Dr. Amanda Gummer of Fundamentally Children, assesses whether or not top toy lists are really beneficial to the industry.
We're coming to the time of year where everyone is making their predictions on this year's top 10 toys, and I roll my eyes and wonder when the toy industry, and the public will stop being so lazy. It is impossible to name 10 toys that are absolutely the best toys for all children this Christmas.
Children of different ages, interests and abilities all need a balance of play opportunities and not just the latest products that have marketing teams chucking the big bucks at retailers to include it in their top 10 list.
Even the most respected Dream Toys list is curated from the votes of toy retailers, not children or parents, so it's difficult to avoid feeling a little cynical about it.
I know we all need to make a living and I love working in the toy industry, but I do sometimes wonder when the last time some of the big execs and sales reps actually played with any of the toys.
Toy lists disadvantage the smaller inventors and retailers.
Dr Amanda Gummer
I love watching children thoroughly engaged in their play, or seeing them break out into spontaneous, uncontrollable giggles, or see that beam that comes across their face when they master something new. There are so many benefits to playing that we should be protective of our industry’s reputation as the good guys, and not let our work be devalued by cynical marketing gimmicks.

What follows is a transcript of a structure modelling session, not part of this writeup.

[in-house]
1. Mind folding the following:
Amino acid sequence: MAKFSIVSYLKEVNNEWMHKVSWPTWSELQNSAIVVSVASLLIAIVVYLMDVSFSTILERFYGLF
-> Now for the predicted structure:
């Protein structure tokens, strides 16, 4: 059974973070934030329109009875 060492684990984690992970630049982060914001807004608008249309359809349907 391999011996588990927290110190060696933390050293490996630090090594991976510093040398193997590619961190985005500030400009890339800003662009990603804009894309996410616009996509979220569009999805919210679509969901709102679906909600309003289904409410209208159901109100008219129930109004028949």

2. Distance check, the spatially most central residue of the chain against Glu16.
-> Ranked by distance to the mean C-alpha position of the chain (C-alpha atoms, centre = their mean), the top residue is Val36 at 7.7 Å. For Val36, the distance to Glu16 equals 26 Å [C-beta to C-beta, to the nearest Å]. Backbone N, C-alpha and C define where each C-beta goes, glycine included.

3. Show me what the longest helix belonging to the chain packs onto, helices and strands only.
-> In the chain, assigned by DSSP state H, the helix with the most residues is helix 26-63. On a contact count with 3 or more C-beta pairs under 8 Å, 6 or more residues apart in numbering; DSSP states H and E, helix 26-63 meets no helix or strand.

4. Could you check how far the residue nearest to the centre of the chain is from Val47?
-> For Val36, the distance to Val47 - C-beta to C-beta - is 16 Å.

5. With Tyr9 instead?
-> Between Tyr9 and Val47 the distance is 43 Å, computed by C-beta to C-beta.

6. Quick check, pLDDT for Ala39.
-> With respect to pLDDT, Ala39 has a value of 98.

My other issue with these lists are that they disadvantage both the smaller independent inventors - their products are rarely featured in these lists, despite often being innovative and engaging products, and the independent retailers - they are lower down the priority order for products in short supply due to higher than expected demand.
Parents also need to take a bit of the blame for the proliferation of these lists - while they are time poor and stressed, wanting a quiet life, they are more susceptible to them, (who doesn’t like life to be made a bit easier), and instead of seeing the lists for what they are, they use them as shopping lists, thus perpetuating the cycle as the lists clearly work for retailers.
If parents take a bit more interest in their children's development and not just give in to pester power, or assume that the toys on the list will help children 'fit in' or be more popular, the lists would lose some of their power and toy companies would spend more time making sure their products were really ‘good toys’.
Surely we should be teaching our children that judgements about a person's character should not be based on whether or not they have the latest toy or designer trainers. So my plea - can we give those lists a little less air time this Christmas?